Franco Lucentini

ISBN (identifier) Turin La Stampa
Franco Lucentini
Born(1920-12-24)24 December 1920
Died5 August 2002(2002-08-05) (aged 81)
Pen nameF&L (together with Carlo Fruttero), Sydney Ward, P. Kettridge
Occupationnovelist, journalist, translator, editor
Genrecrime novel
Literary movementNeoavanguardia

Franco Lucentini (Italian pronunciation: [ˈfraŋko lutʃenˈtiːni]; 24 December 1920 – 5 August 2002) was an Italian writer, journalist, translator and editor of anthologies.


Born in Rome on 24 December 1920 to Emma Marzi and Venanzio Lucentini, a miller from the village of Visso, in the Marche region, and later the owner of a bakery in Rome.

While studying Philosophy at the University of Rome, Lucentini was one of the organizers of a practical joke against the fascist regime: on May 5, 1941 he and a friend distributed among other students paper streamers. When unrolled during a public meeting, they revealed writings such as "Down with the war!", "Down with Hitler!" and "Long live freedom!". Lucentini was arrested and spent two months in prison.

Lucentini graduated in February 1943. Drafted into military service later that year, he was refused admission to officer candidate school on account of his anti-fascist activities. After the Armistice, the Allied armed forces put his writing skills to use, hiring him as a junior editor for the "United Nations News" press agency in Naples.

After the war, Lucentini worked in Rome for ANSA news agency; later, while associated with ONA news agency, he spent time in Prague and Vienna. The atmosphere of postwar Vienna provided the inspiration for his novella I compagni sconosciuti. After a brief time again in Rome, in 1949 he left for Paris where he was employed in several jobs (deliveryman, teacher, masseur).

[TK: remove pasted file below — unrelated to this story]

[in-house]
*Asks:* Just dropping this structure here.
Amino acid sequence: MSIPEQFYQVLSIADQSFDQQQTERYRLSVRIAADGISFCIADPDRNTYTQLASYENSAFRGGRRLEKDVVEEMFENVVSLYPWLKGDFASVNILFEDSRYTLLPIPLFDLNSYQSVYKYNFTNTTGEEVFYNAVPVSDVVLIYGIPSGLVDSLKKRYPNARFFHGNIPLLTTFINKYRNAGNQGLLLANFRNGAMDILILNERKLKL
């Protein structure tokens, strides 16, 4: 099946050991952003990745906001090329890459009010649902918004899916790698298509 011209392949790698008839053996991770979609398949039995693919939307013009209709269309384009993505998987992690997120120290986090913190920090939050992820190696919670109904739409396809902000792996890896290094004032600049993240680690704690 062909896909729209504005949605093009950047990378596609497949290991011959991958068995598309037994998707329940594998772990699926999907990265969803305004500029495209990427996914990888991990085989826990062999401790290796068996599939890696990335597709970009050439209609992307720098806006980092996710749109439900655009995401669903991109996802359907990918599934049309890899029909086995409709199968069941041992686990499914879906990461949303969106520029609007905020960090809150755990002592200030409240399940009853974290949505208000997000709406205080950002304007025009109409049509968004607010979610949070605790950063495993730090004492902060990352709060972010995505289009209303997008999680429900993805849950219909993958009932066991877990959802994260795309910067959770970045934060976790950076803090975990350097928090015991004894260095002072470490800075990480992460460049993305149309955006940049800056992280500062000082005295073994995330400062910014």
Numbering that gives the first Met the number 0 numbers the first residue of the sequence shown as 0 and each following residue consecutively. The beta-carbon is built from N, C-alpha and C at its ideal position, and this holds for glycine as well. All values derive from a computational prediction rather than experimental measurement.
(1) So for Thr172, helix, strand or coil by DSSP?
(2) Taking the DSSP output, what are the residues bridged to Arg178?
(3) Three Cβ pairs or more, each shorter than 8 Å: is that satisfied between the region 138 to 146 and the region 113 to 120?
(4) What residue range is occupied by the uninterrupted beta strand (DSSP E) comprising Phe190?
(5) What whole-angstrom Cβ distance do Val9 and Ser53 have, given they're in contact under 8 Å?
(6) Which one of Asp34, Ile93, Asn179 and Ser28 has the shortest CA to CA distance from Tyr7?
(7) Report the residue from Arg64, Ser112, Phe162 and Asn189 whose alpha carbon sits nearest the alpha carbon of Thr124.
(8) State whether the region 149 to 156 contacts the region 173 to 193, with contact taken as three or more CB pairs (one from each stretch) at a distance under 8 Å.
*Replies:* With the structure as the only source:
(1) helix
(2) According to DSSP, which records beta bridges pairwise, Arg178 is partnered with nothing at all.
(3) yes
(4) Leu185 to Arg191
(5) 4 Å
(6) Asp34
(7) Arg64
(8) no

While in Paris, he first met the two most important people in his life: Simone Benne Darses, 12 years older than he was, who would become his lifetime partner and, in 1952, Carlo Fruttero, with whom a lifelong literary collaboration began in 1957, when Lucentini moved to Turin, where both of them worked for the Einaudi publishing house. Lucentini frequently traveled to Paris on scouting assignments for Einaudi looking for new authors and titles to bring to Italy. He introduced Italian readers to the works of Jorge Luis Borges, whose works he also translated from Spanish into Italian. Lucentini also translated several foreign books for Einaudi from many different languages including Chinese and Japanese.

As a highly successful and appreciated literary team, Fruttero & Lucentini wrote books and worked in publishing, directing book series and magazines (Il Mago, Urania), and editing fiction anthologies, for the Einaudi publishing house and, from 1961, for Mondadori. In 1972 Lucentini and Fruttero began writing for the Turin-based daily La Stampa (then directed by Alberto Ronchey), writing the column "L'Agenda di F. & L.", commenting with humour and irony on current facts; they also wrote for L'Espresso and Epoca.

The duo's first book was the poetry collection L'idraulico non verrà, in 1971. But their breakthrough work was the critically acclaimed crime novel La donna della domenica (1972), set in Turin. The novel was eventually made into a film of the same title, starring Marcello Mastroianni, Jacqueline Bisset and Jean-Louis Trintignant and directed by Luigi Comencini. Their next novel, A che punto è la notte (1979), shared the same protagonist, the commissioner Santamaria. In the following decades, Lucentini and Fruttero co-authored several more novels and non-fiction books, and "F&L" became a known and appreciated quasi-trademark.

In 2000 Lucentini was awarded a special Campiello award for his life's work.

Afflicted by a lung cancer, Lucentini committed suicide on 5 August 2002, throwing himself down the stairs of his flat's building in piazza Vittorio Veneto, 1, in Turin. His friend and co-author Carlo Fruttero observed: "He had no pills, it was difficult to get into the river, and he would have been rescued anyway, the train was too far. Before dying he would have thought, what's all the buzz about death?, let's get it over with".[1]


Lucentini sometimes used the pseudonyms Sydney Ward and P. Kettridge; he used the first one mostly to byline short stories of his own in anthologies of science-fiction or war stories by foreign authors.



With Carlo Fruttero